Bill Morris, Wawatay Radio Network's "Voice of the North". Photo: Wawatay.
Jointly organized by the World Association for Christian Communication (WACC) and the World Association for Community Radio Broadcasters (AMARC), the workshop is part of a one-day gathering of community media broadcasters to exchange experiences in multilingual broadcasting.
Sponsored by WACC, Kenina Kakekayash and Bill Morris, representatives of Northern Ontario Wawatay Radio Network (WRN), will speak of their work and the challenges they face.
WRN provides radio programming to more than 300,000 Aboriginal people in the Nishnawbe Aski Nation (NAN) and Treaty 3 area of Northern Ontario.
Kakekayash, WRN producer, has been with the network for 36 years and is a recipient of the NAN Woman award.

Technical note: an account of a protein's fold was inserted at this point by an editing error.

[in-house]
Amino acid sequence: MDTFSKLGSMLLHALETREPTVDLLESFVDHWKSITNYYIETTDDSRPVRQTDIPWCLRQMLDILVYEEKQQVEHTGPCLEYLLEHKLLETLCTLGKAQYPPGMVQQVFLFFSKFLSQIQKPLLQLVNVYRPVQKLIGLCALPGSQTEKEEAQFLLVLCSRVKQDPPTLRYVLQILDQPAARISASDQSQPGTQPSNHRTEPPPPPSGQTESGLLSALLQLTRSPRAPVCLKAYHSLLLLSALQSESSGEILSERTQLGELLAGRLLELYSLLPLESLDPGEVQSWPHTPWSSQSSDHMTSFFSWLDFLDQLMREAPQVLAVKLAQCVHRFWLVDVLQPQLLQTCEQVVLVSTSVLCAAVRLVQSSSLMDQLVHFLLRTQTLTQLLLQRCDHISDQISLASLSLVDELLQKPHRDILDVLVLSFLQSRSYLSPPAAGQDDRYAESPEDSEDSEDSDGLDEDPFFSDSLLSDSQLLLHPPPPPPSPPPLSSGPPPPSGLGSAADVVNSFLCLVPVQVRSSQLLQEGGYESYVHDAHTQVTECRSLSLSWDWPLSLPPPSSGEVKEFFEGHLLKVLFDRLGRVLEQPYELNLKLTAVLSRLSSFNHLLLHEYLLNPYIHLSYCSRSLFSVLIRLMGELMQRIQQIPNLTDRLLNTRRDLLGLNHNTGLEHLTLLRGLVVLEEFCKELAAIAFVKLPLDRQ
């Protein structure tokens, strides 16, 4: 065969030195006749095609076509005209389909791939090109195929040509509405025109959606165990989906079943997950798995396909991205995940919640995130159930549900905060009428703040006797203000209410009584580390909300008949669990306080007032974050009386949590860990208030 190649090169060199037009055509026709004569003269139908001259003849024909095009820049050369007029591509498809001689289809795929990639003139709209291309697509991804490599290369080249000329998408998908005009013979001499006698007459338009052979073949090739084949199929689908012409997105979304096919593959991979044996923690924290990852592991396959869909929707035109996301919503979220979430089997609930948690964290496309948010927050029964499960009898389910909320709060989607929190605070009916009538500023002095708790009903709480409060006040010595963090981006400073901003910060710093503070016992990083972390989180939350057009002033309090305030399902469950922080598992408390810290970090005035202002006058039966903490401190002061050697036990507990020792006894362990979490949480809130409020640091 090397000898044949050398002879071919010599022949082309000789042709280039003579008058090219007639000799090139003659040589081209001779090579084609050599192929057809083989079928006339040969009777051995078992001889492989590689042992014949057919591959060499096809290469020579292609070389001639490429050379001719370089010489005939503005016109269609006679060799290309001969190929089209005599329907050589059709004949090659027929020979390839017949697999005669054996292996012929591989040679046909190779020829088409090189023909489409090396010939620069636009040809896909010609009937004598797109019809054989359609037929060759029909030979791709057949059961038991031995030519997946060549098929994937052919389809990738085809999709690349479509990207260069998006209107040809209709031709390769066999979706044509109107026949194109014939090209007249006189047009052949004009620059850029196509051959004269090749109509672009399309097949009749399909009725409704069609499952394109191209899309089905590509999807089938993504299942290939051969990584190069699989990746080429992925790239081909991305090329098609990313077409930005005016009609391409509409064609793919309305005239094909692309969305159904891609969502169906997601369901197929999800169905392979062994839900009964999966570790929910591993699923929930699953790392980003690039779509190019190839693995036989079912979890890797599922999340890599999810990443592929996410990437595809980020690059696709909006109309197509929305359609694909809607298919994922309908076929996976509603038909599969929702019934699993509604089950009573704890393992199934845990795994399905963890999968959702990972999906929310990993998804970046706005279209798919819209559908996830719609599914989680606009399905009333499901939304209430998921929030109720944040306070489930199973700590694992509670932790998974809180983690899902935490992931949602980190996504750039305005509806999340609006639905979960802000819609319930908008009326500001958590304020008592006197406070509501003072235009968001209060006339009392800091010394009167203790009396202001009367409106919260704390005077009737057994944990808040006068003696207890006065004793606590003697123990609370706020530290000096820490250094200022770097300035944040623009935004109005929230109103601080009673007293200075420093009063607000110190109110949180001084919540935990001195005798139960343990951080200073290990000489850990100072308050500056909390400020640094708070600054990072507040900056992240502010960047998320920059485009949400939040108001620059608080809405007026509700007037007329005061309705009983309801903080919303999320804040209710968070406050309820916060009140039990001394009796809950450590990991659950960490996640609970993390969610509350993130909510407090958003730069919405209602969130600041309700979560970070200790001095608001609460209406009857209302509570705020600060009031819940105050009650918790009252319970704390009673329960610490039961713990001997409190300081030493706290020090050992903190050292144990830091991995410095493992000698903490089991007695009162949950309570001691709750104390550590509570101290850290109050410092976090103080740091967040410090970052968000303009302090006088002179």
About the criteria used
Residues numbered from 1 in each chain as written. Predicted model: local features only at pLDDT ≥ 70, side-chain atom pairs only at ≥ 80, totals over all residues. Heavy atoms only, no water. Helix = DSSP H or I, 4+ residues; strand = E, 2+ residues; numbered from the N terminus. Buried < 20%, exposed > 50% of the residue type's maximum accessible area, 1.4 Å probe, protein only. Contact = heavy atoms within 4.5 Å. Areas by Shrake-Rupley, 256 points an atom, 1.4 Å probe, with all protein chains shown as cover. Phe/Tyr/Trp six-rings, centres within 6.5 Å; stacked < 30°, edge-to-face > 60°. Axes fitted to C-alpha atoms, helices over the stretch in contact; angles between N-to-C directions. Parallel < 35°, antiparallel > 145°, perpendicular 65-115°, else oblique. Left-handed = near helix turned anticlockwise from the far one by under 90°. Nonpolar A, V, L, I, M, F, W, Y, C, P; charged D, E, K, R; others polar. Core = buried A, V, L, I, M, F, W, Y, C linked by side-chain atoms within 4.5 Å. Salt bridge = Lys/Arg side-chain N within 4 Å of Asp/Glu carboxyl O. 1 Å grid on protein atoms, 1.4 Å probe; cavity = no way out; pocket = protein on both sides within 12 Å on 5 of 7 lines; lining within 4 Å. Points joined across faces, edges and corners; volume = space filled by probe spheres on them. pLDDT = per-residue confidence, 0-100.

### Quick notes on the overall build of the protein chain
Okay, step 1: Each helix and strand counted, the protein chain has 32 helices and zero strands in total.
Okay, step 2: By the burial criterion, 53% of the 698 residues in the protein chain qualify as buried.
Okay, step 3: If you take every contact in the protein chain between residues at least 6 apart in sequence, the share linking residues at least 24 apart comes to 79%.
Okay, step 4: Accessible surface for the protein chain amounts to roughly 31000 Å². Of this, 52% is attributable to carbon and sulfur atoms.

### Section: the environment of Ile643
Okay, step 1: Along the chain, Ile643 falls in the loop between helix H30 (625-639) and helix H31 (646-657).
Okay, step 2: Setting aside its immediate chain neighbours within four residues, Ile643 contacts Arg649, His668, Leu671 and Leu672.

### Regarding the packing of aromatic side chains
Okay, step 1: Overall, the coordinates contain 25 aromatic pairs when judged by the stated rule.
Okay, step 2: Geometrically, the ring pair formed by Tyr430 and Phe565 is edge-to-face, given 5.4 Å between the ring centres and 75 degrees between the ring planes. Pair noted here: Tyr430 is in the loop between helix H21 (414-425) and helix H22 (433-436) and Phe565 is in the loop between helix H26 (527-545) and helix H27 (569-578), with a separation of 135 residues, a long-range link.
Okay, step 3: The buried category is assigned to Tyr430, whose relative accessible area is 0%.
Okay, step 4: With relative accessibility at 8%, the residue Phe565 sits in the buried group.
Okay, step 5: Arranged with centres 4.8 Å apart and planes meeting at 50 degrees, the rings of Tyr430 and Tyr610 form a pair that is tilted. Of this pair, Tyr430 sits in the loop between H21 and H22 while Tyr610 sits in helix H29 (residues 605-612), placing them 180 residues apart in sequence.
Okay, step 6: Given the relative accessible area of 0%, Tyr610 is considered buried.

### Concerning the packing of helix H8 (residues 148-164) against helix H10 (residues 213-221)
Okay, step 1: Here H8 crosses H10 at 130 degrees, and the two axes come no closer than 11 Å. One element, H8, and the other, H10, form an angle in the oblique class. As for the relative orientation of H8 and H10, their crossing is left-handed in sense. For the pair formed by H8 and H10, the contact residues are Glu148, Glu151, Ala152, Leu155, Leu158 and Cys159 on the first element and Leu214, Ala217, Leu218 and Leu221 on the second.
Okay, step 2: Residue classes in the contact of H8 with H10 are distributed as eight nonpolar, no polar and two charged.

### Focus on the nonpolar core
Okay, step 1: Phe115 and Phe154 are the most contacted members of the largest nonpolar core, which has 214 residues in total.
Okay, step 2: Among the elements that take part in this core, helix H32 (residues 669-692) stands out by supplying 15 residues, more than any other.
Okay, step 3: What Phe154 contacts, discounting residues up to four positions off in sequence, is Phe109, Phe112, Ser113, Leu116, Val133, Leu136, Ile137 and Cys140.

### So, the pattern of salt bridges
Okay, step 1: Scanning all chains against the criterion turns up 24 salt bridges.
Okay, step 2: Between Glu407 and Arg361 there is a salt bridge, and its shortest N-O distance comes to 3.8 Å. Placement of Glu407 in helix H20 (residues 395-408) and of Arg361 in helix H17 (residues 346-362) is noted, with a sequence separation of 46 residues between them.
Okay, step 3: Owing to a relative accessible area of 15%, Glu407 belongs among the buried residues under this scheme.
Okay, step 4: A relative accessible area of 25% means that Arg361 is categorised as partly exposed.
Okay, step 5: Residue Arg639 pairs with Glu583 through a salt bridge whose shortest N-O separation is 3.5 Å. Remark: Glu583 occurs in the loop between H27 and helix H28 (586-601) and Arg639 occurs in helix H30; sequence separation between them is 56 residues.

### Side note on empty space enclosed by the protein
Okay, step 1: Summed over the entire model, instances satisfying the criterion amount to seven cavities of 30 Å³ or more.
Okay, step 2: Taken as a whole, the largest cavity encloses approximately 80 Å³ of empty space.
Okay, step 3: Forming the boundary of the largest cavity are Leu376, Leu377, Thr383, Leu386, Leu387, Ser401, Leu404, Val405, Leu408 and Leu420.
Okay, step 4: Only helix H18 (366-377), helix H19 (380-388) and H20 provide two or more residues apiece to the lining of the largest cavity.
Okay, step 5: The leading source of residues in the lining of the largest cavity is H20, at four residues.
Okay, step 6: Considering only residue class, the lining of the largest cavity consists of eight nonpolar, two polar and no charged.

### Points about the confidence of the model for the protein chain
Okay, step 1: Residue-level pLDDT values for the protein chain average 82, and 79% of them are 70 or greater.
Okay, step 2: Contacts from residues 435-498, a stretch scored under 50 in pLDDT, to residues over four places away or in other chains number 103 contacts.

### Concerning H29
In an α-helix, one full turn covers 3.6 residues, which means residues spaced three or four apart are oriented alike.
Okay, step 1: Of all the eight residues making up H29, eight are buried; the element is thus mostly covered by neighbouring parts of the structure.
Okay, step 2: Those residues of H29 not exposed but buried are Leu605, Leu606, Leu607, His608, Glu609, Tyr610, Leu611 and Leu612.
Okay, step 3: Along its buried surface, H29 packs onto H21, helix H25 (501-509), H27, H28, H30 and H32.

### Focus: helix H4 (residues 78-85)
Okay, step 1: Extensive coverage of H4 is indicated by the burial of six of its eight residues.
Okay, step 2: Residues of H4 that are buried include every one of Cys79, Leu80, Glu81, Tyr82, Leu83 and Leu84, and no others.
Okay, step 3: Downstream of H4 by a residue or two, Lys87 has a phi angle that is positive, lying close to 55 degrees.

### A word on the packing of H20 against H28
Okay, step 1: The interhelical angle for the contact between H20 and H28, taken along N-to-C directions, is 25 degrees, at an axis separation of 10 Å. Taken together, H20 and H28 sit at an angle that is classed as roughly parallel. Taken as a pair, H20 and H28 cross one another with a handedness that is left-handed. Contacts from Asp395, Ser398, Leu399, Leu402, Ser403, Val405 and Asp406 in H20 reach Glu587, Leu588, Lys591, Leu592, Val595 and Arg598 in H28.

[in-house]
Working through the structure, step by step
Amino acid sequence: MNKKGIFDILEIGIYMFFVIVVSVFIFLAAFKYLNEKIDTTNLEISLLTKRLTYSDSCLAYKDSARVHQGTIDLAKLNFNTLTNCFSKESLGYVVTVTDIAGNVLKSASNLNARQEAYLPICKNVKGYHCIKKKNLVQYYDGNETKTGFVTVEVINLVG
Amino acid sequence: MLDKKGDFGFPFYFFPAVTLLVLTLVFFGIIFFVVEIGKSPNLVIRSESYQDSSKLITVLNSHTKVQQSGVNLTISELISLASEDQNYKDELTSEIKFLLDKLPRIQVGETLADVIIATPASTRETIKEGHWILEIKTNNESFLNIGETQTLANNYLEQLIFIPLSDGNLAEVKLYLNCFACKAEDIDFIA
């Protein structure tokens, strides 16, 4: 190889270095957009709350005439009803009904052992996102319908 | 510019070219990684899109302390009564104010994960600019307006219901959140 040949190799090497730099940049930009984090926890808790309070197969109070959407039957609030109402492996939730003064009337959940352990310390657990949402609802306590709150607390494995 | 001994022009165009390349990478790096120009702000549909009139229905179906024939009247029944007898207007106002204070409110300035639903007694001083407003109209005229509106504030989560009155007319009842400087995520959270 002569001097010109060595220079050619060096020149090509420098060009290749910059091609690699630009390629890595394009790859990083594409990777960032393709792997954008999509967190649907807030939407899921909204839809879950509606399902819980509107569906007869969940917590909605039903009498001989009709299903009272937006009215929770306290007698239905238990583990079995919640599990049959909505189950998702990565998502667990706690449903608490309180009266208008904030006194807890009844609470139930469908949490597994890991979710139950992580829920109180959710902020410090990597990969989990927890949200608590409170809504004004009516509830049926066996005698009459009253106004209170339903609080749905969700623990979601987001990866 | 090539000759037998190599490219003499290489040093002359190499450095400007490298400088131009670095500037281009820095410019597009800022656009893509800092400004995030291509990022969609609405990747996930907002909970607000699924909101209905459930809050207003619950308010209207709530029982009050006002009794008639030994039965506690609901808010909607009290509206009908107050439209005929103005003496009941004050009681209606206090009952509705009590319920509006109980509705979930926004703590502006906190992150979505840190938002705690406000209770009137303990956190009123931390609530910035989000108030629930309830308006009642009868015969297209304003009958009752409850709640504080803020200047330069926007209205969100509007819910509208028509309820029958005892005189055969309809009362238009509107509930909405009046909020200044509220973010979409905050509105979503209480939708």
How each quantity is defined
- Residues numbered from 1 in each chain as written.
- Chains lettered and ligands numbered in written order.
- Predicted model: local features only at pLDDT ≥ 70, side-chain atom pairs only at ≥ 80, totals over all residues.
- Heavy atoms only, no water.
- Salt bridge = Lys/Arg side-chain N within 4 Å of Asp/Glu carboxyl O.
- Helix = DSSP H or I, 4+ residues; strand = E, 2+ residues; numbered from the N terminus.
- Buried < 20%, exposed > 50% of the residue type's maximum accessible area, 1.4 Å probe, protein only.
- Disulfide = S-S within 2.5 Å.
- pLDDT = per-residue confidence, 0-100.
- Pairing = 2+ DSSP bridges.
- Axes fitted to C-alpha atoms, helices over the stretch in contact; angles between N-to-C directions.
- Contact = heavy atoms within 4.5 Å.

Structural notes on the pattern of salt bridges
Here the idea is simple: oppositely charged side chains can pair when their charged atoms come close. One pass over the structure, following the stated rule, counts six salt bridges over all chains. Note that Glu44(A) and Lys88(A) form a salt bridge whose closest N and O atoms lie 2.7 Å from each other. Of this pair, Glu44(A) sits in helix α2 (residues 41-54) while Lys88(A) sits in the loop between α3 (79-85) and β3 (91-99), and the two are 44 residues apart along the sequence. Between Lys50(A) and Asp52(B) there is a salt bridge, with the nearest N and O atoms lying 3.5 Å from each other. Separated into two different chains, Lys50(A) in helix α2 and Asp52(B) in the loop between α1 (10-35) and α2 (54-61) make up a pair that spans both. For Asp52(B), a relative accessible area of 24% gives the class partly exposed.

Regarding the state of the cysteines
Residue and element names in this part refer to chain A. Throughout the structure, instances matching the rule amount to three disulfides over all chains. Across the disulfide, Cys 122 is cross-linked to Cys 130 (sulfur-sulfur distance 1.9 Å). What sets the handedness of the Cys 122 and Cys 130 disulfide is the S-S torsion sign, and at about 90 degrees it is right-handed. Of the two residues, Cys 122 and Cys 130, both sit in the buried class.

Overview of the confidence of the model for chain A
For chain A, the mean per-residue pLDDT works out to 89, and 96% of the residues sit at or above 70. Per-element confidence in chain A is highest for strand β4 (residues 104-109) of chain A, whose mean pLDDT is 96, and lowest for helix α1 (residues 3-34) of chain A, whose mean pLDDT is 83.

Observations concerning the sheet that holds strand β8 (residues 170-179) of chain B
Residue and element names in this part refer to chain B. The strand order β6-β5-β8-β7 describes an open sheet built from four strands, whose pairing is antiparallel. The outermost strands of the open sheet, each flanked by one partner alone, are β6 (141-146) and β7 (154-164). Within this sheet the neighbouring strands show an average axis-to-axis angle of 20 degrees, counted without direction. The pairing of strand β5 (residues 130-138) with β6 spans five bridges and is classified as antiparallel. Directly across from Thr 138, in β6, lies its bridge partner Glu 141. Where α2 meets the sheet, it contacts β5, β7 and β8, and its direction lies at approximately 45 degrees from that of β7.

Morris, who is celebrating 25 years as a broadcaster with WRN, is known as the “Voice of the North”.
WRN is run by the Wawatay Native Communications Society which recently suspended its television production and newspaper, but which intends to continue its radio service while financial troubles are resolved.
WRN broadcasts in the aboriginal languages of northern Ontario – Ojibway, Oji-Cree, and Cree. It also provides an English version of its news broadcast to that portion of the aboriginal population who do not speak their ancestral languages.
Broadcasts consist of national and international news, local events, community announcements, special programs for elders, youth and women, interactive call-in shows such as question and answer panels, and dedications and greetings.
The workshop supports the UN Declaration on the Rights of Indigenous Peoples, which stresses the right of Indigenous Peoples to establish their own media in their own languages and to have access to all forms of non-indigenous media.
The workshop takes place at 10.30 am at La Maison Mondiale de la Radio Communautaire, 2, rue Sainte-Catherine Est, Montreal.